Back in March, DOJ launched Task Force KleptoCapture and, with the Treasury Department, announced a multilateral partnership to identify and seize assets of sanctioned individuals and companies around the world. The past few weeks have shown those initiatives at work.
On April 4, Task Force KleptoCapture got the green light to make its first international seizure. In a ruling that may offer a legal framework for Task Force KleptoCapture, a DC federal magistrate judge signed a seizure order for sanctioned Russian oligarch Viktor Vekselberg's $90 million, 255-foot yacht located in Spain's Balearic Islands. The seizure warrant detailed Vekselberg and his associates' use of shell companies to transfer US dollar payments through US banks to support and maintain the yacht. The order explained the basis for US jurisdiction to seize the property and for venue to issue the seizure warrant in the District of Columbia. The order further explained that the US government did not need a search warrant to search the documents, electronics, and items located on the yacht because the Fourth Amendment does not apply to property owned by a nonresident alien located in a foreign country. Finally, it held that forfeiture of the yacht would not violate the Excessive Fines Clause of the Eighth Amendment.
Meanwhile, European authorities have moved aggressively on asset seizures. For example, the Dutch finance ministry froze over $428 million in transactions and deposits in March. Italian law enforcement has seized physical assets, including at least three yachts and villas worth over $863 million. German law enforcement has seized at least one mega yacht. Spanish law enforcement has seized at least three luxury yachts linked to sanctioned individuals. Switzerland froze $6.2 billion in bank accounts. French law enforcement has seized at least one yacht, a cargo ship, and approximately 33 homes, including a $120 million French Riviera mansion and a dozen other French properties owned by Russian oligarch Roman Abramovich. The French Ministry of Culture also seized two Russian paintings that were recently featured at Paris's Fondation Louis Vuitton: one piece is on loan from a Russian museum but ultimately belongs to a sanctioned Russian oligarch, and the other piece belongs to Dnipro Fine Arts Museum in Ukraine and was seized at the request of Ukrainian authorities. Moreover, Belgium has frozen nearly $2.9 billion in bank accounts and $7.8 billion in transactions.
These seizures frequently implicate not only the sanctioned individuals and entities but also a variety of third parties that may have interests in the assets.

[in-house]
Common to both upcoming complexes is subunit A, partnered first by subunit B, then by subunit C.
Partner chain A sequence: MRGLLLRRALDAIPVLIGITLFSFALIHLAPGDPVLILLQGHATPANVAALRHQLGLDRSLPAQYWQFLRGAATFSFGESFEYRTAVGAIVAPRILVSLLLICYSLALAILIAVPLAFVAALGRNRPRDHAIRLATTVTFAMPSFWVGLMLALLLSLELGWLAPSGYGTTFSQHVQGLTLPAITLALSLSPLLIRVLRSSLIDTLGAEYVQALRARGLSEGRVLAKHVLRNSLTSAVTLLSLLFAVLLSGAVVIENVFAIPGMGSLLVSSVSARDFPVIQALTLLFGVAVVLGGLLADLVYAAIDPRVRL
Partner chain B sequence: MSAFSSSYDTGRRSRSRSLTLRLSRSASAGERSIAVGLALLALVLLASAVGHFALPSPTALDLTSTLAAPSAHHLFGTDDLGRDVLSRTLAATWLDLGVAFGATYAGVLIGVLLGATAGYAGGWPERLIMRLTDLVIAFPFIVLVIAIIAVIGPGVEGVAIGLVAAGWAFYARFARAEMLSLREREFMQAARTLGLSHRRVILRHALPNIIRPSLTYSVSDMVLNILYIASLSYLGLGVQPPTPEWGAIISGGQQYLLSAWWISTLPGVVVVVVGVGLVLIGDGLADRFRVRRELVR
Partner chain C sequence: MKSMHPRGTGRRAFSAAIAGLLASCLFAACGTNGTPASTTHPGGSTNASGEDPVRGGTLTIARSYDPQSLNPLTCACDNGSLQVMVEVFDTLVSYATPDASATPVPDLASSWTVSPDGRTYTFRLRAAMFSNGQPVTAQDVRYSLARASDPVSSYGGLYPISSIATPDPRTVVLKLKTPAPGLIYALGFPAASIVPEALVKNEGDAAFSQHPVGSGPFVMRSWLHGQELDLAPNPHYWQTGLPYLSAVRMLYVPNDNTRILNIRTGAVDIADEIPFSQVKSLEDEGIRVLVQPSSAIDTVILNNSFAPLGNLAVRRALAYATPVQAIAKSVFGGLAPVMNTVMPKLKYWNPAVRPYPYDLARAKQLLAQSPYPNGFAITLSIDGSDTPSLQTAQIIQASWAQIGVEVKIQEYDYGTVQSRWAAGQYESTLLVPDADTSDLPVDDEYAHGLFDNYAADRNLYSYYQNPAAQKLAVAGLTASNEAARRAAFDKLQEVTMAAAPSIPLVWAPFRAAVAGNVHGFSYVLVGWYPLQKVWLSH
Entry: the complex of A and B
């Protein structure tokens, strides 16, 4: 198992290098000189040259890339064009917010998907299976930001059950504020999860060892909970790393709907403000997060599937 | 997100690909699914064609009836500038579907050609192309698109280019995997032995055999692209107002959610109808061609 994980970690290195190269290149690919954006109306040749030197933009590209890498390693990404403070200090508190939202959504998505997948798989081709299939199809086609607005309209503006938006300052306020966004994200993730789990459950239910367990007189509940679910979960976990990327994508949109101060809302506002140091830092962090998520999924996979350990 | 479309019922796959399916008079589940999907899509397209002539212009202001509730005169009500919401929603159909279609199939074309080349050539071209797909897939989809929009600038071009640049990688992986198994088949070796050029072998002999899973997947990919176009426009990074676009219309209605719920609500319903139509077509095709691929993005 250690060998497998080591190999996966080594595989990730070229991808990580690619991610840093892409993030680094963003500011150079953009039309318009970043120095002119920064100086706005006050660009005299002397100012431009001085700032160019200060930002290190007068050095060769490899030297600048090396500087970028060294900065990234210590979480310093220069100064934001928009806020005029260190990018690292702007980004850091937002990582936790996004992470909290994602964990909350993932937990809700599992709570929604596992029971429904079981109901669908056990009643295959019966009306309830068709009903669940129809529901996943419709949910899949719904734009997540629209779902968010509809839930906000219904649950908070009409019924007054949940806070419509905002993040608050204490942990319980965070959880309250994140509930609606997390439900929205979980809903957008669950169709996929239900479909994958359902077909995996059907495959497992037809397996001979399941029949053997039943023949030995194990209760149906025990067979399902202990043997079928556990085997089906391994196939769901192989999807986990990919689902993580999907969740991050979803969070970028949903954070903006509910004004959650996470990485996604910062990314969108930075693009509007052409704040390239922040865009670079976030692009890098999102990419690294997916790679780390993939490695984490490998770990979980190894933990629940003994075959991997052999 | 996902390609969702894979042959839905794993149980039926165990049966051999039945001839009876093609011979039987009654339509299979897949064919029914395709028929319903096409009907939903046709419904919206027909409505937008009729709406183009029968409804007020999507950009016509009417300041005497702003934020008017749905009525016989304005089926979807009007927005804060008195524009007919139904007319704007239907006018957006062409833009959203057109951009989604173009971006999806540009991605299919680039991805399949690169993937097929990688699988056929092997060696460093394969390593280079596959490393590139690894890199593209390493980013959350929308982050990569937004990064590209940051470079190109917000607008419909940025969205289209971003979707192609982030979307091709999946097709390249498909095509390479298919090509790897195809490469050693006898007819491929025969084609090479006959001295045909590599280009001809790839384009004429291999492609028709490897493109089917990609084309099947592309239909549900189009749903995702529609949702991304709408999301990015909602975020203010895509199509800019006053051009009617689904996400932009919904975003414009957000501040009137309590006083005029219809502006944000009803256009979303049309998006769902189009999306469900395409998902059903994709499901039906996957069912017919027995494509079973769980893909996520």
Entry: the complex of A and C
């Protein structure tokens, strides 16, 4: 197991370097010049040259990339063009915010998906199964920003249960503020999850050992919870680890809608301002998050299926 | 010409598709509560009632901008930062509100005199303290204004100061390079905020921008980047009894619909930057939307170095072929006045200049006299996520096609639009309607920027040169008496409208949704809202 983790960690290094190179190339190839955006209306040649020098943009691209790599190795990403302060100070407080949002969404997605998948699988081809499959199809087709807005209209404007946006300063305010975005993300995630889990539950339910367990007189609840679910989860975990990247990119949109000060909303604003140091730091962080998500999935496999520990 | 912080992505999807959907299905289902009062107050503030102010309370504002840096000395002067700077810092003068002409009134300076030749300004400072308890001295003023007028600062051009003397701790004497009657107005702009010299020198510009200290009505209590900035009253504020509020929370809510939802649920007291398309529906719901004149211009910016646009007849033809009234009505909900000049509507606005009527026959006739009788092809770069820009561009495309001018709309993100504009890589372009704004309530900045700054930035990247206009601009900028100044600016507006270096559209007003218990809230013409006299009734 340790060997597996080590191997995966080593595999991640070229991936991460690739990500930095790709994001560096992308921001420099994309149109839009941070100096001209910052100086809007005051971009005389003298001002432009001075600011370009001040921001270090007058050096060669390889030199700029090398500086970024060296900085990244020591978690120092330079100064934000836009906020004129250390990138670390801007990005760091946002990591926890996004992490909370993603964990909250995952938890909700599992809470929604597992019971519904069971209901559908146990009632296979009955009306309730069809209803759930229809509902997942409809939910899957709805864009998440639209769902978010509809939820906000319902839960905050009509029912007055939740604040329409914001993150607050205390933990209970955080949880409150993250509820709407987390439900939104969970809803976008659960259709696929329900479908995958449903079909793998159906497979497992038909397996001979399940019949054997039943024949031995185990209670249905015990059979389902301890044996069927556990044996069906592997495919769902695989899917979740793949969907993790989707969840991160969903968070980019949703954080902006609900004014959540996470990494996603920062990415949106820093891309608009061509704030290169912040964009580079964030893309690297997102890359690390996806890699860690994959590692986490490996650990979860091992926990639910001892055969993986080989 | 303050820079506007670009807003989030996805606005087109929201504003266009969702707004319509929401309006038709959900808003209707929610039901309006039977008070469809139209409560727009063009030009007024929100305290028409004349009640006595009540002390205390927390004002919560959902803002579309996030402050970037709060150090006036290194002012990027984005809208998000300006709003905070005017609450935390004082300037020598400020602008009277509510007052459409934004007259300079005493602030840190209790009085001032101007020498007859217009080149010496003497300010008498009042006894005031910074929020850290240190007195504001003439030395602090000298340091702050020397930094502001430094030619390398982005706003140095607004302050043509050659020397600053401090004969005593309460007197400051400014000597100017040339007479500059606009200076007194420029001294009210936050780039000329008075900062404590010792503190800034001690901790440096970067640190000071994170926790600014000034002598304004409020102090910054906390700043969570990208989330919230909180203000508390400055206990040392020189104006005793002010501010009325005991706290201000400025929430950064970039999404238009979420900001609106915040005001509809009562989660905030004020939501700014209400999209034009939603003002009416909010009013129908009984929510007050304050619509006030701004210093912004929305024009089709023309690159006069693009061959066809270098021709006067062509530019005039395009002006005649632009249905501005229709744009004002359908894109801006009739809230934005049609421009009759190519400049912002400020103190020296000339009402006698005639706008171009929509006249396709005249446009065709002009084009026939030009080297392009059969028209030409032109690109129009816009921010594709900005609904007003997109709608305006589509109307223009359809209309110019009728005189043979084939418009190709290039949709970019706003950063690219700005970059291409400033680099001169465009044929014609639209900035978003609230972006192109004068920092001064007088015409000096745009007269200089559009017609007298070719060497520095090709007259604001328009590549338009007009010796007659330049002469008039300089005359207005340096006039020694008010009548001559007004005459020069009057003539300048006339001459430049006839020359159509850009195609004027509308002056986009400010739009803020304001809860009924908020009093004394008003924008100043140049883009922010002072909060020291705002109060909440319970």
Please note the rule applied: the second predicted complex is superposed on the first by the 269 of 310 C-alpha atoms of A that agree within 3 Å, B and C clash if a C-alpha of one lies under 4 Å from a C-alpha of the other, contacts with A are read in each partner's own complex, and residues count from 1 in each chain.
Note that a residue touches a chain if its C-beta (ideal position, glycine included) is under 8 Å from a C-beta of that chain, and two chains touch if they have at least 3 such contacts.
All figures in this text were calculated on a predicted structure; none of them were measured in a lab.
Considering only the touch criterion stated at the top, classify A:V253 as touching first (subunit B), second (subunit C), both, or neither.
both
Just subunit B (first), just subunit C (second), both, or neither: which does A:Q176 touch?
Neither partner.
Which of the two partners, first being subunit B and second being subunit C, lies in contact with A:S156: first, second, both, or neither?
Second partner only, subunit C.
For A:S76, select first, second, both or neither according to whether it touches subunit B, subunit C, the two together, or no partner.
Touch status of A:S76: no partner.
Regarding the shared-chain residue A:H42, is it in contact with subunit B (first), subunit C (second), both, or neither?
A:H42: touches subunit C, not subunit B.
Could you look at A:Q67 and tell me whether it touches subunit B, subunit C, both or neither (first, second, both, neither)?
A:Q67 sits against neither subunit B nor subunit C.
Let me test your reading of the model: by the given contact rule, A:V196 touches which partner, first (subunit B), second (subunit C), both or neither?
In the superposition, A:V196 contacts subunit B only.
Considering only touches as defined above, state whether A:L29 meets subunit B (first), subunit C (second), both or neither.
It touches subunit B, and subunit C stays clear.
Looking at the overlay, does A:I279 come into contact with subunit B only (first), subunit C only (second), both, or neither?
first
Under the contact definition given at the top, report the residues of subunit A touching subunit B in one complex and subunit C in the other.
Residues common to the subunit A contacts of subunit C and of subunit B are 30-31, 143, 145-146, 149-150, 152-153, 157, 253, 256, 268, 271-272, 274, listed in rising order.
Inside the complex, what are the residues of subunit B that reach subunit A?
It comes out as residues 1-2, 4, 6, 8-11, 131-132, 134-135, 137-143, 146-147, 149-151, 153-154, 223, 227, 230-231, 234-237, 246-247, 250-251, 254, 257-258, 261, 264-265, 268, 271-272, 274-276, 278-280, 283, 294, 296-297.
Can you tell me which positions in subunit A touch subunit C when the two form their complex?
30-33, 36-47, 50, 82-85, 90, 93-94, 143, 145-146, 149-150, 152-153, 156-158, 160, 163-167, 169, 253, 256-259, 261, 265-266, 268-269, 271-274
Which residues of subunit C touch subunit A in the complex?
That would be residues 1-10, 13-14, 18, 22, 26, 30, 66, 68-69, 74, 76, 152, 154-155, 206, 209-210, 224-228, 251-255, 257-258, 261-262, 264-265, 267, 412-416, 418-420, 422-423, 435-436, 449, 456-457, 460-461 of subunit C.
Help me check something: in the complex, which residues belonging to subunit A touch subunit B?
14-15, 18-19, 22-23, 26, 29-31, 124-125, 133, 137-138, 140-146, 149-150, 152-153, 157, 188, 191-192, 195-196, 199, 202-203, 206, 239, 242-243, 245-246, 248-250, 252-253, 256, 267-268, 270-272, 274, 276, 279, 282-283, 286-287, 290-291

On April 14, the Treasury Department's Financial Crimes Enforcement Network (FinCEN) released an Advisory on Kleptocracy and Foreign Public Corruption, "urg[ing] financial institutions to focus efforts on detecting the proceeds of foreign public corruption, a priority for the U.S. government." FinCEN observed that "Russia's actions in Ukraine are supported and enabled by Russia's elites and oligarchs who control a majority of Russia's economic interests . . . [and who] are believed to be directly financing off-budget projects that include political malign influence operations and armed interventions abroad." The advisory describes various methods used by kleptocrats to launder their illicit proceeds, including by using "shell companies to obscure the ownership and origin of illicit funds" and the purchase of real estate, luxury goods, and other high-value assets. FinCEN also reminded financial institutions of relevant Bank Secrecy Act (BSA) obligations and tools, such as Suspicious Activity Reports (SARs), due diligence on senior foreign political figures, private banking accounts held for non-US persons, correspondent accounts, and information sharing under Section 314(b) of the USA PATRIOT Act.
New Sanctions Designations and Prosecution for Evading Sanctions
On April 20, the Treasury Department's Office of Foreign Assets Control (OFAC) sanctioned several individuals and entities "involved in attempts to evade sanctions imposed by the United States and its international partners on Russia." OFAC announced that the list includes the first ever designation of a virtual currency mining company (BitRiver), a Russian bank (Public Joint Stock Company Transkapitalbank), and Russian oligarch Konstantin Malofeyev, among others.
Earlier this month, DOJ announced the unsealing of charges against Malofeyey for conspiracy to violate and violation of US sanctions originally imposed on him in 2014 following Russia's invasion of eastern Ukraine. Malofeyey is accused of illegally hiring a US citizen to work for his television network in Russia and transferring a $10 million investment in a US bank.
For more on the "sweeping sanctions, export restrictions, and economic countermeasures" related to Russia that the United States has imposed over the past couple months, please refer to Arnold & Porter's coverage here; for more on DOJ's investigations into the misuse of cryptocurrency, see our coverage here; and for more information on compliance, feel free to reach out to the authors or our trade sanctions team, including John Barker, Soo-Mi Rhee, and Tal Machnes.
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